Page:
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on 2 October 2002
This book has the best, most detailed pictures of the shroud that i have ever seen. It gives detailed close up images of the surface. The arguments about the Shroud still rage on, but Wilson is regarded by most as an authority on the Shroud. His comments combined with images by Barrie Schwortz, the official photographer for the research team looking at the shroud, give the reader a highly detailed and intelligent insight in to the Shroud of Turin.
All the expert evidence gathered by the official research team is pretty much presented in this text. Another fantastic part of the book is Wilson's presentation of the evidence that traces the Shroud back to the 1st Century. He is the first person to have done so sucessfully, and his case is very strong.
This book is a must for anyone researching the Shroud of Turin. ALthough it does strongly argue that the Shroud is genuine, it can easily just be taken as a presentation of the evidence and the reader can make his own conclusions. An excellent book with breathtaking images!
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on 26 July 2002
Ian Wilson presents the lattest research and news on the Shroud. Some of the pictures are exclusive to this book. I particularly enjoyed the balance point of view and the common sense arguments that cast a doubt on the radiocarbon dating. Wilson has been the most prolefic and knowledgable author on the Shroud; this book proves it once again. His clear presentation with the accompanying pictures from Barrie Schwortz makes it a pleasant reading. The book touches on many aspect of the Shroud. In particular, his theory of the cloth of Edessa being the Shroud of Turin is presented once again, yet in a concise form; which makes it more compelling. The skeptics keep stating that the Shroud left no historical trace before 1355, but Wilson proves otherwise.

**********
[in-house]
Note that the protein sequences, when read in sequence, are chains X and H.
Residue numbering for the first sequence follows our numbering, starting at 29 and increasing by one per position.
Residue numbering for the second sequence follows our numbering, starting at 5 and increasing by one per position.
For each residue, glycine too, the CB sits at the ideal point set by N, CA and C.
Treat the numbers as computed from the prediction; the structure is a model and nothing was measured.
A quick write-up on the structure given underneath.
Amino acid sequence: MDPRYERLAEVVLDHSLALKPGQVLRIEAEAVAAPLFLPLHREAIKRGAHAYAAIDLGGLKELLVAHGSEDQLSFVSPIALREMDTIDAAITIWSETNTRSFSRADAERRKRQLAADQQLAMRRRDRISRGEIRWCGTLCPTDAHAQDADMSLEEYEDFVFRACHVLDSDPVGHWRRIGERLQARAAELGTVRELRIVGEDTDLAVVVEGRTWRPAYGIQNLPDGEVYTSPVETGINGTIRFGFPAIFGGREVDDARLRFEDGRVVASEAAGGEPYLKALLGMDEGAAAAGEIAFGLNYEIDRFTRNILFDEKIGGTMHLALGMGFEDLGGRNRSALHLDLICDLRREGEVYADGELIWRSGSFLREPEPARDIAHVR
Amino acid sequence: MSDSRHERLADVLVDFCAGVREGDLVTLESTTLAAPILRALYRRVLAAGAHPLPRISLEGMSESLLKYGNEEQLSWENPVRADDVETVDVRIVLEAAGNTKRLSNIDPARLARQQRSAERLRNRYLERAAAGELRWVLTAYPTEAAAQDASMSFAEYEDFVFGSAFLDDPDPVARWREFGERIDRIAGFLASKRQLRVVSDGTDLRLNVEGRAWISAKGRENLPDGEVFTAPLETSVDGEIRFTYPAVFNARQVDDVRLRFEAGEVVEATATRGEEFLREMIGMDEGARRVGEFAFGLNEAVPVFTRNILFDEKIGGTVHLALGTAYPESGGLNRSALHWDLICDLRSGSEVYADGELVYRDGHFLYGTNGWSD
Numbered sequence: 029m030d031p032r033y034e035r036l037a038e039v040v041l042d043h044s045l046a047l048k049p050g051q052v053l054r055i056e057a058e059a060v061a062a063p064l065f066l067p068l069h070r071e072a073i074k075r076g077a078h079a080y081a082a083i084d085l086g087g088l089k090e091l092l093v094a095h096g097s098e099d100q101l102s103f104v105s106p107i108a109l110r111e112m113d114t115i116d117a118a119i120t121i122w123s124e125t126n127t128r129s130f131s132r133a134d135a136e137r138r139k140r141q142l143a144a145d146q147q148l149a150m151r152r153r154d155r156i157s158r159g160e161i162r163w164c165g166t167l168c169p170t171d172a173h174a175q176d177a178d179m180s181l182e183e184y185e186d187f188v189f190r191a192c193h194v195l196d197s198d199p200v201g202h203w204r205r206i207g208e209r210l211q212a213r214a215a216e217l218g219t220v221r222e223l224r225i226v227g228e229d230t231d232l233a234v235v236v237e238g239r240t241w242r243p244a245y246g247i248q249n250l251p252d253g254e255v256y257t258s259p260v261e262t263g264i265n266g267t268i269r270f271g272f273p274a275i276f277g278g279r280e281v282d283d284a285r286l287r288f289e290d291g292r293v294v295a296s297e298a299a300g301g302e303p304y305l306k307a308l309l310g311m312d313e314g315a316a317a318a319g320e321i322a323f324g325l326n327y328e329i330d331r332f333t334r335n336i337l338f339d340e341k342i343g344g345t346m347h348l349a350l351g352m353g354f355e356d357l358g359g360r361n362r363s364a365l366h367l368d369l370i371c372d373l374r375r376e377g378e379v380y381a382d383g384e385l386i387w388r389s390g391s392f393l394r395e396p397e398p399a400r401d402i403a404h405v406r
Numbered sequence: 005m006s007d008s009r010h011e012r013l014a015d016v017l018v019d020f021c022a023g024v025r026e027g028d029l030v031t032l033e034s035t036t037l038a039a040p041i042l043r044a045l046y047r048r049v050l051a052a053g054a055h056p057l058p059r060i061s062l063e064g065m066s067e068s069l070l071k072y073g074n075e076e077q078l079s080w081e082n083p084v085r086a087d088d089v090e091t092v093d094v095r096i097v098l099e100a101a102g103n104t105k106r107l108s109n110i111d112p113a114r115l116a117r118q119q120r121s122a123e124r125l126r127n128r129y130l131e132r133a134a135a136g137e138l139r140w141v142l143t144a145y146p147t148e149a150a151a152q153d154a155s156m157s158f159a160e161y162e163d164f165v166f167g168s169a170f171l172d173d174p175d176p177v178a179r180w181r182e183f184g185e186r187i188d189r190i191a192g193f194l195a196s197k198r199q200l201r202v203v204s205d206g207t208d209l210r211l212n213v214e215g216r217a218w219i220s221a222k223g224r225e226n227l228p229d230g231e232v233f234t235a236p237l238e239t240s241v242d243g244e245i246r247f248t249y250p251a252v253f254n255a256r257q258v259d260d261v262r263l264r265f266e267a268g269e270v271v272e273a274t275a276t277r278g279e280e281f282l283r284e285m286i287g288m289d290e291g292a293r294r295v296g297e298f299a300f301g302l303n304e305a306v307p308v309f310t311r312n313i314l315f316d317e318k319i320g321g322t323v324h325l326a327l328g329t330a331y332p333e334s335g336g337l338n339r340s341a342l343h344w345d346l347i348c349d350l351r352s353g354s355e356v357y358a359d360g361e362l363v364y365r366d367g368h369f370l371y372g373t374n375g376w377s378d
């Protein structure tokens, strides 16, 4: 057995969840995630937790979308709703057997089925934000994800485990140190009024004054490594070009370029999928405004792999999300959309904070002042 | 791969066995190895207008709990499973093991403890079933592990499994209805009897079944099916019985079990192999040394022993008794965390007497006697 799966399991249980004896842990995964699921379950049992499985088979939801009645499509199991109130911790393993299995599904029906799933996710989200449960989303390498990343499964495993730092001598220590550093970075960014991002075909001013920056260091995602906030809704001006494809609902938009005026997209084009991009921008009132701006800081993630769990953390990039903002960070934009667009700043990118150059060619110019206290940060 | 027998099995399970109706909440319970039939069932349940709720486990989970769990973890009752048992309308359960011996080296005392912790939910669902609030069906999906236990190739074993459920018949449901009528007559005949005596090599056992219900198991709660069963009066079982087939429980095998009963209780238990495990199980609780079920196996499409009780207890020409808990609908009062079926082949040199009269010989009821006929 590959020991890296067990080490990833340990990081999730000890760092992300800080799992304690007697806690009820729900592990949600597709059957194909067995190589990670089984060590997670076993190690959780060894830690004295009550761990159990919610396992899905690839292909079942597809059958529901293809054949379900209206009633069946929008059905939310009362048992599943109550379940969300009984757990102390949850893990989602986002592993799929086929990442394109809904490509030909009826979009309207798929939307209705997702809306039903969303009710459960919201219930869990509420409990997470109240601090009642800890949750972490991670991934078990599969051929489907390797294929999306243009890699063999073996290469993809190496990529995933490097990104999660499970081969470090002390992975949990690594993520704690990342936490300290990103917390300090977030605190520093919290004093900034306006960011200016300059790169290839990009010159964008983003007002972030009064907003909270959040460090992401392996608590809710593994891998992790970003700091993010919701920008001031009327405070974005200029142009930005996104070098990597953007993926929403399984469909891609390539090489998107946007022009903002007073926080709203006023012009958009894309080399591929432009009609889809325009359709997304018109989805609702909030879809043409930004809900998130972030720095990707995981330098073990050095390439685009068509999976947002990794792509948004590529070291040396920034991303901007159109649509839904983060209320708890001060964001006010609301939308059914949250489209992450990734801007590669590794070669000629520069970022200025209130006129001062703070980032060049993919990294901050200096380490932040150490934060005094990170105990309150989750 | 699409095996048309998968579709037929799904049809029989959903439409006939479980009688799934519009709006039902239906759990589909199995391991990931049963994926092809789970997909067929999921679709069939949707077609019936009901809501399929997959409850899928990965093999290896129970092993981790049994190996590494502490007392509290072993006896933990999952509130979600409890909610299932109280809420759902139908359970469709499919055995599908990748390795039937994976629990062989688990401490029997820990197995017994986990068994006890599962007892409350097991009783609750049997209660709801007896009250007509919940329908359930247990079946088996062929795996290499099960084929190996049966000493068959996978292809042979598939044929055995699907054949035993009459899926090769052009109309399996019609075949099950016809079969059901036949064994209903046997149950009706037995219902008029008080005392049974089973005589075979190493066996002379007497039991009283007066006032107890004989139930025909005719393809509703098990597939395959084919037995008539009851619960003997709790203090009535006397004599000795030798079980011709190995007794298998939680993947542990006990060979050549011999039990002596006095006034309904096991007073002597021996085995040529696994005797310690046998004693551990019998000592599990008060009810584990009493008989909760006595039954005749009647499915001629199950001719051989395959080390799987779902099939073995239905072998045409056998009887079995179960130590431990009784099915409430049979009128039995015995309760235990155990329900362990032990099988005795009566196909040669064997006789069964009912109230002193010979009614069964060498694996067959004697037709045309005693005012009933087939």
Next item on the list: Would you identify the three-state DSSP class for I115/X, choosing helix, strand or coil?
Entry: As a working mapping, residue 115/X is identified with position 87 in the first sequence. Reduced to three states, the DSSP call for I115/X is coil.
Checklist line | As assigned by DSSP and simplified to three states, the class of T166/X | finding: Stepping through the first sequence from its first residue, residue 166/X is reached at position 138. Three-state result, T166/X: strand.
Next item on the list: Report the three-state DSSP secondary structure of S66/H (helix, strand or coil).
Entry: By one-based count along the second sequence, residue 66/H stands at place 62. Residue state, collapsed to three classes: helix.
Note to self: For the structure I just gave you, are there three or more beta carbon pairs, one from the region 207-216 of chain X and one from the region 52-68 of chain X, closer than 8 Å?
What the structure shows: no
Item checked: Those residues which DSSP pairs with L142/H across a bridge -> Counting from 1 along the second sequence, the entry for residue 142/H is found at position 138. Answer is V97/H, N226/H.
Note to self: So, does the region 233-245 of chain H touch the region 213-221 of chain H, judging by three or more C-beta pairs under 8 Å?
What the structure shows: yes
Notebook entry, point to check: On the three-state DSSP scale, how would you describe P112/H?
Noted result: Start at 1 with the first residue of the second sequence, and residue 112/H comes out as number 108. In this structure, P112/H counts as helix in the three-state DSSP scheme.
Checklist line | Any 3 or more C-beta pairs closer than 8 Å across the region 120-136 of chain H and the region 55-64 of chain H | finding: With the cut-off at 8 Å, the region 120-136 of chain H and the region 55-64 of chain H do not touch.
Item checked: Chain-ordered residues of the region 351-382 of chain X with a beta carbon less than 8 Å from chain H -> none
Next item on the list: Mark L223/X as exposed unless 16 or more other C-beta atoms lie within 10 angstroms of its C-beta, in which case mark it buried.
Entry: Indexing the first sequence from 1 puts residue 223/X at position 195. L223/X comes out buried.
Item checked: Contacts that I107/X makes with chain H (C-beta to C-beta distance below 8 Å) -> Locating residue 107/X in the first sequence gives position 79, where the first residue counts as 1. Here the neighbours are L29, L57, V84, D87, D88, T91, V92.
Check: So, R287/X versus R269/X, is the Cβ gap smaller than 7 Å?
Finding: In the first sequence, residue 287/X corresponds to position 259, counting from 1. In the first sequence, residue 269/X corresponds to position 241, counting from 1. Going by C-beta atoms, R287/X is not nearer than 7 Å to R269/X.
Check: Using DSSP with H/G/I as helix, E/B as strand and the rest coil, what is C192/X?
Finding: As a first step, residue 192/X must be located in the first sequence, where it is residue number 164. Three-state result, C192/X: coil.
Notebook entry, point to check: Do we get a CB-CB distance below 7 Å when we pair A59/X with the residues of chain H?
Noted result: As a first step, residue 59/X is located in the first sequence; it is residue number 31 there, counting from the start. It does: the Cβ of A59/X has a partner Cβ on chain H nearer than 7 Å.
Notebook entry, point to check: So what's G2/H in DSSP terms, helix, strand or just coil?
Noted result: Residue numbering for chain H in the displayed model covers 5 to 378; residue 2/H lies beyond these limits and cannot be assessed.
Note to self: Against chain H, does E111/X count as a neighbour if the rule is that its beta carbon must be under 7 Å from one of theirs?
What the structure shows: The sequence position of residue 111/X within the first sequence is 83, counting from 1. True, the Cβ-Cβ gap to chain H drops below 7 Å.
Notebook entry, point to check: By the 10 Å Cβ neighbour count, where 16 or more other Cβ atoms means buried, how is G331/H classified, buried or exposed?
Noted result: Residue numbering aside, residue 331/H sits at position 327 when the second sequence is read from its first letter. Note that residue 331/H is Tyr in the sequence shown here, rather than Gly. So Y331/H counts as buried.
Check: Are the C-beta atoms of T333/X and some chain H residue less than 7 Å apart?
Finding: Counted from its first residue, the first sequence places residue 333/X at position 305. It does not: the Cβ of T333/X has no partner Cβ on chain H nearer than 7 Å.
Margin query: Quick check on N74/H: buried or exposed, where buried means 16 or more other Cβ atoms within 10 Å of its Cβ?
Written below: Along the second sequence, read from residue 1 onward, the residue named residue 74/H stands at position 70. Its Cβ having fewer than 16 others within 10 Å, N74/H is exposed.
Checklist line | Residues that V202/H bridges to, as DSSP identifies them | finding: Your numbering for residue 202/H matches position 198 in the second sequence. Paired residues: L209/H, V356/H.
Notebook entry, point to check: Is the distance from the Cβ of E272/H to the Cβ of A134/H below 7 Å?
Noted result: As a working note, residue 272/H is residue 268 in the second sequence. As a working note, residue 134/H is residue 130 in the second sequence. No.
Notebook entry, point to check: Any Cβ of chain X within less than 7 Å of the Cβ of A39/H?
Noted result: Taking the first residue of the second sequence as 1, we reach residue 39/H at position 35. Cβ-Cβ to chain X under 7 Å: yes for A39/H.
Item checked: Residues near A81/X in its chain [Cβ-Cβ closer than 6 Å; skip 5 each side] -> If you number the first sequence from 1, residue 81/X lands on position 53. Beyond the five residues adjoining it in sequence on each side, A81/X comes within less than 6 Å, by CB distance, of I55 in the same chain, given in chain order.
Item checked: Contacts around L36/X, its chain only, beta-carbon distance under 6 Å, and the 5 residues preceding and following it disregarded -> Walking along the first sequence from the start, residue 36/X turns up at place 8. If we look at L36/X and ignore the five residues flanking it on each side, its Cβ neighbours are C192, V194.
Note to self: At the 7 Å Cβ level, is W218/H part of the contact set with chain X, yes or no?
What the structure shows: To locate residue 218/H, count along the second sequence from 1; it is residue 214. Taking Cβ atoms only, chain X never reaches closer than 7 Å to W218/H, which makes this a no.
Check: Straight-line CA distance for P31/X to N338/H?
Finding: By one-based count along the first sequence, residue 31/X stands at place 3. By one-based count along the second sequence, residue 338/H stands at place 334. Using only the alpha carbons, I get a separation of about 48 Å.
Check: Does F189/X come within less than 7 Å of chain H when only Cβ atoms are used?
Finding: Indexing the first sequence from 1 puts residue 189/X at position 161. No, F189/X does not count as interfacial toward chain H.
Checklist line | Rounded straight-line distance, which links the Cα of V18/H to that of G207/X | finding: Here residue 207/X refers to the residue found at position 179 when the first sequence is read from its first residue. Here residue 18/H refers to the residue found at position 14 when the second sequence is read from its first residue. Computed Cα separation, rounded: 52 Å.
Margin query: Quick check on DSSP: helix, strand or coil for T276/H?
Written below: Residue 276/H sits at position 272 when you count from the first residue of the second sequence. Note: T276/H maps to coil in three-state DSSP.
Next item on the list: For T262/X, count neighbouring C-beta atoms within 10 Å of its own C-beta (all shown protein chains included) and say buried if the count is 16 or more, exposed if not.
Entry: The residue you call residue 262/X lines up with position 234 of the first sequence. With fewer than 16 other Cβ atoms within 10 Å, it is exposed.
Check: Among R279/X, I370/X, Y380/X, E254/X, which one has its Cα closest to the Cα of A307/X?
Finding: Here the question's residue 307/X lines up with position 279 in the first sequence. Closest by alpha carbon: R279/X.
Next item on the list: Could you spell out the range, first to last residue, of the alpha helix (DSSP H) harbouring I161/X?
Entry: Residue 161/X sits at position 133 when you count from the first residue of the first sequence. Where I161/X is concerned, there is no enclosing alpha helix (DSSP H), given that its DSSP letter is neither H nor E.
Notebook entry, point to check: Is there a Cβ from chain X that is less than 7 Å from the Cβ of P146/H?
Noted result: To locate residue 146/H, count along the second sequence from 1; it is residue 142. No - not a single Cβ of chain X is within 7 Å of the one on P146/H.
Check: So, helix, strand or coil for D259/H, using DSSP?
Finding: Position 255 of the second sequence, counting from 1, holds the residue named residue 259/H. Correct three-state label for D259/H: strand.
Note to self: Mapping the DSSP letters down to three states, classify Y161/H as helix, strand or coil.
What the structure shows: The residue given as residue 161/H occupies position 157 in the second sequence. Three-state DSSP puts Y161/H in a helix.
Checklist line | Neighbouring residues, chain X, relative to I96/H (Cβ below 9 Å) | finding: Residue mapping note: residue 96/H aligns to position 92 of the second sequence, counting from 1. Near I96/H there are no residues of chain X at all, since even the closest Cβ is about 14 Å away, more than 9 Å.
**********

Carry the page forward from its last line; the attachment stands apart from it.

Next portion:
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on 14 November 2000
The book begins with the dismissal of the Turin Shroud as a fake following radio-cabon dating in 1988. It then shows, with thorough reference to the considerable body of work done on the Shroud and its image, how the verdict that the Shroud was a medieval forgery stretches the imagination more severely than the view that it comes from first-century Palestine. The supposed forger would have had to have had knowledge of reprographic techniques, botanical science and textiles which is simply implausible. The book also shows how carbon dating can give wildly inaccurate results, and why. This is not the work of a wide-eyed zealot but of sceptical and balanced experts in this field who became convinced that the Shroud is no mere fake.
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on 2 July 2015
Excellent book with many illustrations from authors who believe in the Turin Shroud's authenticity.
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on 25 October 2014
Very good order, quick delivery excellent transaction, Thank You
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on 16 February 2001
Ian Wilson's case is comprehensively annihilated in the book "Turin Shroud : In Whose Image? by Lynn Picknett, Clive Prince. Actually this second theory is not only more believable, but much more interesting. Facts Ian Wilson conveniently forgets to mention:
- the image is of a man at 6ft 8inches tall
- he's even taller measured at the back
- the head is impossibly small compared to the height
If all Ian Wilson's arguments about C14 had any signifcant effect on the dating, it would be a useless technique, rather than a well-established basis for historical research. Most of his arguments apply equally to the control sample.
I notice that shroud believers had no objection to radiocarbon dating until the results came out.
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